I recently sat down with Raul Gonzalez III to talk about the origins of his work and new directions in his work. Raul grew up in El Paso, Texas and Juarez, Mexico and is now based in Boston, MA. Raul is currently working on the sequel to his very popular graphic novel for kids, Lowriders in Space, a collaborative project with Cathy Camper. (Look for Part II of this interview for more on Lowriders in Space.)
El Malverde, 2012.
In your work I see elements of classical and popular culture, and historical and personal references. Can you tell me about your process and how you pull from diverse inspirations to create your own narratives and structures?
I'm usually working on a specific series or a body of work that could extend into multiple drawings. For instance, in the case of Los Nuevos Guerreros, that series started out as 101 drawings. I was inspired by multiple things. One of the major sources of inspiration was the border town I grew up in: El Paso, Texas and Juarez, Mexico. I was inspired both my own experience there in the late '70s, '80s, and '90s, when I was growing up and simultaneously by a lot of the tension and violence that has occurred there since I left. That comes from Juarez becoming the murder capital of the world in the 2000s because of the drug war. It comes from the tensions along the border in regards to immigration. I was pulling from headlines, stories told to me by family and friends living in the area, and books that I was reading about both the history and contemporary situations there.
To find an anchor for the series and an art historical context, I wanted to create portraits of the warriors or citizens of the cities. I decided to make an adaptation of Utagawa Kuniyoshi's 101 Samurai, and I drew each and every Samurai, but with a very Mexican-American twist.
Let's talk about some of the more graphic and gruesome parts of your work. In your images, we find weapons, blood, bruises, and penises, sometimes with fluids coming out of them. What are you telling us about violence?
The source for that work was the Samurai series. Violence was heavily on my mind as I was creating this work. There's one particular drawing that I think captures my main concern about the violence that is still occurring in Mexico and affecting citizens in both Mexico and the United States. It's a painting titled Born Again. It's a portrait of this boy and he is just staring off into the distance. On either side of him is almost a shell of what he used to be, just seconds before. He looks exactly the same but there is something in his eyes that is forever different and forever affected because of something horrific that he's just witnessed.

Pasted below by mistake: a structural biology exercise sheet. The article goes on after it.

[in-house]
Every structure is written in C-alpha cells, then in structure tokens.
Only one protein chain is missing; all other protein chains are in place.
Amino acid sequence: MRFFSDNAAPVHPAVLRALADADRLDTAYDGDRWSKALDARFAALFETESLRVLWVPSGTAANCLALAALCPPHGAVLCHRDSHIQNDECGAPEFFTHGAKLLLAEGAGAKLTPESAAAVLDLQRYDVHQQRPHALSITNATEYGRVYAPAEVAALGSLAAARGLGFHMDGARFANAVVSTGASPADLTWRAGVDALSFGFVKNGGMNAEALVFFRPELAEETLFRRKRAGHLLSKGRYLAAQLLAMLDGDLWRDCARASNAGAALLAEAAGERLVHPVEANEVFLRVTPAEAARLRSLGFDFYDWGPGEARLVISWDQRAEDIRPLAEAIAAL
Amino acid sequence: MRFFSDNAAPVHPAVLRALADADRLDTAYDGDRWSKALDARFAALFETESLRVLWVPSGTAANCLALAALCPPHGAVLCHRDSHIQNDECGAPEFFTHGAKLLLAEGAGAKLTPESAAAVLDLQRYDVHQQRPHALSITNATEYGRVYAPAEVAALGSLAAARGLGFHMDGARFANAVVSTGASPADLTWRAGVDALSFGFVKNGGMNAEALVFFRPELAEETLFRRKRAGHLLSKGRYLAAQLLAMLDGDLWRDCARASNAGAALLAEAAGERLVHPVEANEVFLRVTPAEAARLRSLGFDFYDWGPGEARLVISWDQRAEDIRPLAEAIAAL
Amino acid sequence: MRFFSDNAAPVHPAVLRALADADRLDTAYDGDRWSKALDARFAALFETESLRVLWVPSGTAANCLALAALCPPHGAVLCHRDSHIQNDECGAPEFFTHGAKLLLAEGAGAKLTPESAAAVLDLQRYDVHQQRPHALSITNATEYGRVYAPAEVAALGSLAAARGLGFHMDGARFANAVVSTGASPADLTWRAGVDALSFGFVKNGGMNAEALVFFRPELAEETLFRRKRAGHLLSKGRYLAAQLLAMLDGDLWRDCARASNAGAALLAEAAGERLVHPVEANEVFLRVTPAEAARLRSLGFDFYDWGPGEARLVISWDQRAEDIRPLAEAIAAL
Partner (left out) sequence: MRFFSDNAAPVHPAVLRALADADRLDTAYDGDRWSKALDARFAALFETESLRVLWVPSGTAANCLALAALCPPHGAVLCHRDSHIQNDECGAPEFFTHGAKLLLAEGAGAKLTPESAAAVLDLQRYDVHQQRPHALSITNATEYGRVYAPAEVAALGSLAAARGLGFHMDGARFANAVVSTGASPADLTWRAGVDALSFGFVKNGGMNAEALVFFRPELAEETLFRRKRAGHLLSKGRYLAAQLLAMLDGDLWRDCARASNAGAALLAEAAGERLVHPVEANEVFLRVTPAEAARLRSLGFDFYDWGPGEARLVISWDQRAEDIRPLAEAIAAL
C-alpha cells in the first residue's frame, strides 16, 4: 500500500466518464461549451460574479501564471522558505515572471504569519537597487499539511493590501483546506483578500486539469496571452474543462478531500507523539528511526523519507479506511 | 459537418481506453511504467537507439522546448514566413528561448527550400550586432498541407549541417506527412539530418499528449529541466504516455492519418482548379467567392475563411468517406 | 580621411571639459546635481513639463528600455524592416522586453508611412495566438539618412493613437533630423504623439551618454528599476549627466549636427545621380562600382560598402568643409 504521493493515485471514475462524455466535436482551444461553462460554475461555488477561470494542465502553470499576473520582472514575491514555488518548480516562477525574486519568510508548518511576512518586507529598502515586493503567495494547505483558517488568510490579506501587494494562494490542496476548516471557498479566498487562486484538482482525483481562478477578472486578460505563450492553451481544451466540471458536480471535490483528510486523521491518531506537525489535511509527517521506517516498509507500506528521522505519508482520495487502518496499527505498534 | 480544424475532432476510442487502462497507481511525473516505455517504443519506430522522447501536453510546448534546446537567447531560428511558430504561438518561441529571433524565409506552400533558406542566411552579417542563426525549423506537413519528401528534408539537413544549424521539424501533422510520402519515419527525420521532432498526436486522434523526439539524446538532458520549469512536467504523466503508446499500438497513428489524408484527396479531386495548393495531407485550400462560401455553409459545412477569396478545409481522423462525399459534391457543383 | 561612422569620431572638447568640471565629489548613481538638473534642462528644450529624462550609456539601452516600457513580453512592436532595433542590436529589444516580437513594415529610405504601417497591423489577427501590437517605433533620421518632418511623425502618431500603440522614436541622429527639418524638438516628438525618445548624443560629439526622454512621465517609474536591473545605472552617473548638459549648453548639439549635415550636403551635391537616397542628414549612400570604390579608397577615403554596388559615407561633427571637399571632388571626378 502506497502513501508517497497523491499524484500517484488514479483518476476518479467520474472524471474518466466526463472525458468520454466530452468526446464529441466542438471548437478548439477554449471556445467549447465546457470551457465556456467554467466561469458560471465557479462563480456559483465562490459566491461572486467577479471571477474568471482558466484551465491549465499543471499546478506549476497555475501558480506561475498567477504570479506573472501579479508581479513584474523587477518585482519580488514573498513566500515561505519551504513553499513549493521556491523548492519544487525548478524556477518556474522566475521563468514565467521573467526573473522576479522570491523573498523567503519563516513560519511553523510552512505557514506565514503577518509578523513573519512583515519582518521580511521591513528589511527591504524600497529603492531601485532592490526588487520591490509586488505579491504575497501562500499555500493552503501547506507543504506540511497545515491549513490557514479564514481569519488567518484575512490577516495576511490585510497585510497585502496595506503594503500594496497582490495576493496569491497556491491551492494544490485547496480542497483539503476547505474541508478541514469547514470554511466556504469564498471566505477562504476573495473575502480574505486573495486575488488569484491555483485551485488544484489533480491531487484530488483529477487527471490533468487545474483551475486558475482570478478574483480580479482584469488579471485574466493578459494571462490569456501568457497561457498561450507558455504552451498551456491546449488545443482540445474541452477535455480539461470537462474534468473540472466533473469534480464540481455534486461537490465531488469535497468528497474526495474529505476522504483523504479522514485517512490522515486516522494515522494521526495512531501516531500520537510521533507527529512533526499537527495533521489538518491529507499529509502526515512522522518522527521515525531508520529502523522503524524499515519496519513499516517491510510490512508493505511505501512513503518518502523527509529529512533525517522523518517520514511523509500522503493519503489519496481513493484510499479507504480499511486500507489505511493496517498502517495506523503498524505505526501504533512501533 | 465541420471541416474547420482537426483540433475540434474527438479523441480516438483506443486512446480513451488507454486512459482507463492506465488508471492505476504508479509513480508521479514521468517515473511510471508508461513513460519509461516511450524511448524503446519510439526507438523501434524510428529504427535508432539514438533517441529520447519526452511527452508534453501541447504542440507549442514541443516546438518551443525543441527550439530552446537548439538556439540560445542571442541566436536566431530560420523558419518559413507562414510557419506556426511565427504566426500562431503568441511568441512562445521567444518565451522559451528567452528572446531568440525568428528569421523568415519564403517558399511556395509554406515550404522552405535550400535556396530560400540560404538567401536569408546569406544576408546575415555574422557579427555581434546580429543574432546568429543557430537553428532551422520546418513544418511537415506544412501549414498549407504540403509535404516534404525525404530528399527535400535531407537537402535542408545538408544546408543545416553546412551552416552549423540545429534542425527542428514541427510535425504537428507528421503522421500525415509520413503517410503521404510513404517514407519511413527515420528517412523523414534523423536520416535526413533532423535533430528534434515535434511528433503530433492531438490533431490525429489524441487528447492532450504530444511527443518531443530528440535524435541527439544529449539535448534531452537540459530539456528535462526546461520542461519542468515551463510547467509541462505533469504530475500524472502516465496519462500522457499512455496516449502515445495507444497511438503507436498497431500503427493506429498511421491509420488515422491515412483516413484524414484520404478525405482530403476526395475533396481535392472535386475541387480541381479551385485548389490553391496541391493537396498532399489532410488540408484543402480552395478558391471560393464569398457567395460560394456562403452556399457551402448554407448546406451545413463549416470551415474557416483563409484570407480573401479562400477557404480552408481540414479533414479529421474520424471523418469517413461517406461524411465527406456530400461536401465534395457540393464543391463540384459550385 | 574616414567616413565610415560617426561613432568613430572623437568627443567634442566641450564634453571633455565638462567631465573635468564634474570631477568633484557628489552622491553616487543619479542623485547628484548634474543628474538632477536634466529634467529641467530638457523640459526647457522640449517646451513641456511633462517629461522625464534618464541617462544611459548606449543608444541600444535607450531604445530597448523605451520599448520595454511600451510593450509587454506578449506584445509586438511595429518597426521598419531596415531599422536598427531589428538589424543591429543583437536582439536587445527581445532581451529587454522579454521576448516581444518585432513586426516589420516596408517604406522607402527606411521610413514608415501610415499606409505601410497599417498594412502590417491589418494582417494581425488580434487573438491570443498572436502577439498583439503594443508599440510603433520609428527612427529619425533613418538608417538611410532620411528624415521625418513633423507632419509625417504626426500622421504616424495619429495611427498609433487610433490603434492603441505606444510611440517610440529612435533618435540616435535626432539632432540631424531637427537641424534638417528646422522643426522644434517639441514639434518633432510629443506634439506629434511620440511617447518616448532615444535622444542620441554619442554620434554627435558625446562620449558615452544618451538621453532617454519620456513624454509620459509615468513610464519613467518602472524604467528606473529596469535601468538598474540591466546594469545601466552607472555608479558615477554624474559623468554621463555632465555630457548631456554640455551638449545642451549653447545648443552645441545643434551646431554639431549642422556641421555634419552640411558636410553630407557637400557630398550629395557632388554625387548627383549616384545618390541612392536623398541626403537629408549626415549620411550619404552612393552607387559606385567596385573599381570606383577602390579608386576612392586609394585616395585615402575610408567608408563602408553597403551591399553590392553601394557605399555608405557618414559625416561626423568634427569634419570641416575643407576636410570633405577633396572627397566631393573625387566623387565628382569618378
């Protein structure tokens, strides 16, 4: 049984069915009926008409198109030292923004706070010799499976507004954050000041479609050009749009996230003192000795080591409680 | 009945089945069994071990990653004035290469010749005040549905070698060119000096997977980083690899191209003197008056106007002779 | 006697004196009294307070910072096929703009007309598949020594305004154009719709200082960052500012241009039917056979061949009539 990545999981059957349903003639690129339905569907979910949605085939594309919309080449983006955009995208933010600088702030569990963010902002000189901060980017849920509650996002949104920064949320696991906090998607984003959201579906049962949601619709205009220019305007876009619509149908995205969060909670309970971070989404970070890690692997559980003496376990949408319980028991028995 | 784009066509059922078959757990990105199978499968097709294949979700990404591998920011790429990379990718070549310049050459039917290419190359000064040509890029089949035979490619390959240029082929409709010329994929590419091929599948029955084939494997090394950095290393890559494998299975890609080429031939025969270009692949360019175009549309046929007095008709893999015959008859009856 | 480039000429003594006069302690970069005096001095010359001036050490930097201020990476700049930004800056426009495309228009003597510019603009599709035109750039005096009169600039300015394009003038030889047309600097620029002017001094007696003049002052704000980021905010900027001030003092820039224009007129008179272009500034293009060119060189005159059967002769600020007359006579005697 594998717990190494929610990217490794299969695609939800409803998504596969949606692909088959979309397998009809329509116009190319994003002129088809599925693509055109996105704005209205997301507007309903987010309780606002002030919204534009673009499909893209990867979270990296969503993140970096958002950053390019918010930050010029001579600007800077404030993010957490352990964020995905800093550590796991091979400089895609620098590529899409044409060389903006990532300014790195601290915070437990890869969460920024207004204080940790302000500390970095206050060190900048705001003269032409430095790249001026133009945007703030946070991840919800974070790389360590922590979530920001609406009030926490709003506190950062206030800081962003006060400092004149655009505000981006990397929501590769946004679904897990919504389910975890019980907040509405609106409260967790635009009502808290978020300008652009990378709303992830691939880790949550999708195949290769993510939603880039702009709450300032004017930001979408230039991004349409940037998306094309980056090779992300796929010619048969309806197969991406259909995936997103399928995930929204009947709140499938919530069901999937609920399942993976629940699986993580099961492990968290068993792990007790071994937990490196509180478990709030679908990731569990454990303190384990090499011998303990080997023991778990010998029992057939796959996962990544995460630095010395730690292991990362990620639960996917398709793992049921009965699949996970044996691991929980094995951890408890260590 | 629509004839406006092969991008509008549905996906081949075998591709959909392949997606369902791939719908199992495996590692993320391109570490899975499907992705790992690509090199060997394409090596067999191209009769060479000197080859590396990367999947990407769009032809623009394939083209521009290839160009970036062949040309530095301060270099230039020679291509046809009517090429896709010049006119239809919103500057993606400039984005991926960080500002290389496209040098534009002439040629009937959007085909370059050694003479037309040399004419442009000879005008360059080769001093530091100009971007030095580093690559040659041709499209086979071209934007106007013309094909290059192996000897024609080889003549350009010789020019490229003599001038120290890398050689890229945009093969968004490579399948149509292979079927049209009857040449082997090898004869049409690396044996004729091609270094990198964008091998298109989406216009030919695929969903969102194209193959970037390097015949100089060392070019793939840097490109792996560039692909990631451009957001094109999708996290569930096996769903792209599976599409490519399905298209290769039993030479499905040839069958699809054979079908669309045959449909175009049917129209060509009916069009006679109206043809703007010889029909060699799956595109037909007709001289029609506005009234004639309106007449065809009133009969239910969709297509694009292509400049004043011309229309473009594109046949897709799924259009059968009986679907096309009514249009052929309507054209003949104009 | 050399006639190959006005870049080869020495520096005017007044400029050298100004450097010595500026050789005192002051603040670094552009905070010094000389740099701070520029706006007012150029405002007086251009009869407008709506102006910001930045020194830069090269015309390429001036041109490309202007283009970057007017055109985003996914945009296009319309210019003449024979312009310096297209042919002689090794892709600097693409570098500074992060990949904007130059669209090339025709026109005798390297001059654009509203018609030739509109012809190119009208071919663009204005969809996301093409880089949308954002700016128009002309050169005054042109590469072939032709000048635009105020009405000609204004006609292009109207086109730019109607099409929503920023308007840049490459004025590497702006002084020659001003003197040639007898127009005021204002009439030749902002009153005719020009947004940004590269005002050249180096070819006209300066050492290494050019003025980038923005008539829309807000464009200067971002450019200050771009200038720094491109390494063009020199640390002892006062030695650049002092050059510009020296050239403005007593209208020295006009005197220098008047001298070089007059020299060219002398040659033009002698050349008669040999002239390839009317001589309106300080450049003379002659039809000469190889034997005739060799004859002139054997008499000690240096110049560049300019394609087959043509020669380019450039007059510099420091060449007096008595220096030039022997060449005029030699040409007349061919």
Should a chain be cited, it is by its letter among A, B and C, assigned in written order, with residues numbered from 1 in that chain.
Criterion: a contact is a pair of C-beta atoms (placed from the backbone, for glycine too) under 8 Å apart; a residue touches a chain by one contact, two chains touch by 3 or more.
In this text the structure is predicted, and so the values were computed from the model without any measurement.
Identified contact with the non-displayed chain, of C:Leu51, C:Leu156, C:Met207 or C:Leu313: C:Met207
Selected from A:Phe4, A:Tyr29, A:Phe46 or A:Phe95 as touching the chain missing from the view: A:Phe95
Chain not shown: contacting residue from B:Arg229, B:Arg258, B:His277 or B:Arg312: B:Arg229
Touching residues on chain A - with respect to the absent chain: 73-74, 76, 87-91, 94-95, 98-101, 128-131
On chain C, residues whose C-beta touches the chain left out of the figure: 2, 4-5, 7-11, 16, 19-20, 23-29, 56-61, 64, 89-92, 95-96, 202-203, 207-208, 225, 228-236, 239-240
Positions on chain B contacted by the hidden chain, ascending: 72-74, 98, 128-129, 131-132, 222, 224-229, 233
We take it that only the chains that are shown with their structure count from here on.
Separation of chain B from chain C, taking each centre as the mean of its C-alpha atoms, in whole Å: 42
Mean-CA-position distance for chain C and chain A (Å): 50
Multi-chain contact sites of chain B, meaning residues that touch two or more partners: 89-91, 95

That is the biggest concern that I have - how these events forever changed a lot of the youth that is growing up in that area at this moment in time. My work is filled with a lot of these violent images, but the drawings can never truly match the reality of the situation. As violent as the drawings could appear to be, they aren't anywhere near the real violence that has occurred.
There is a strong social message to your work.
I feel like my drawings can make people aware of situations that they haven't been aware of before. I know that was the case in the series of drawings that I was creating on bed sheets. That was a series of portraits titled Quién Fue El Numero Uno? which was a series of portraits of women's hair-dos on bed sheets. Those hairdos were drawn from posters of women who had gone missing in the Juarez area. They were drawn on bed sheets because of how the women were later found in the Sonoran Desert wrapped up in bed sheets. When this series was first exhibited, many people had been completely unaware of that situation and these paintings made them aware of what had occurred.
Quién Fue El Numero Uno? Installation shot, 2011.
I often wonder, why am I drawing these things? What is the importance of them? Is it necessary? It's a struggle that I have. Because I'm exhibiting them here in the Northeast, the audience that's seeing the work isn't necessarily an audience that is affected in any way by the situations that I'm drawing. But then I feel that it is incredibly important to be creating this work because these are works of art that should be included in our museums; these are topics and subjects that are usually brushed over. When you walk into a museum, you never see the nasty parts of our history exhibited on the walls. And I feel my work kind of fills in or tells these stories that we might want to look away from.
How did you develop this component to your work?
It wasn't until I moved here to the Northeast and walking through museums here that I really started to want to tell or draw stories that were from my place of origin. When I lived in El Paso for 20-some years, it never crossed my mind. Instead I was drawing imaginative cityscapes and comics about the big city even though I had never lived there. I was trying to draw where I wanted to be as opposed to where I was. Then when I made it to the big city, I started to focus my attention on my place of origin. I feel it was mainly because I noticed that there wasn't anyone - maybe there was but I didn't see it - there wasn't anyone being a voice for this community and I wanted to tell our story. A big goal of mine, especially with the children's books, is to make stories for a more diverse cast of characters.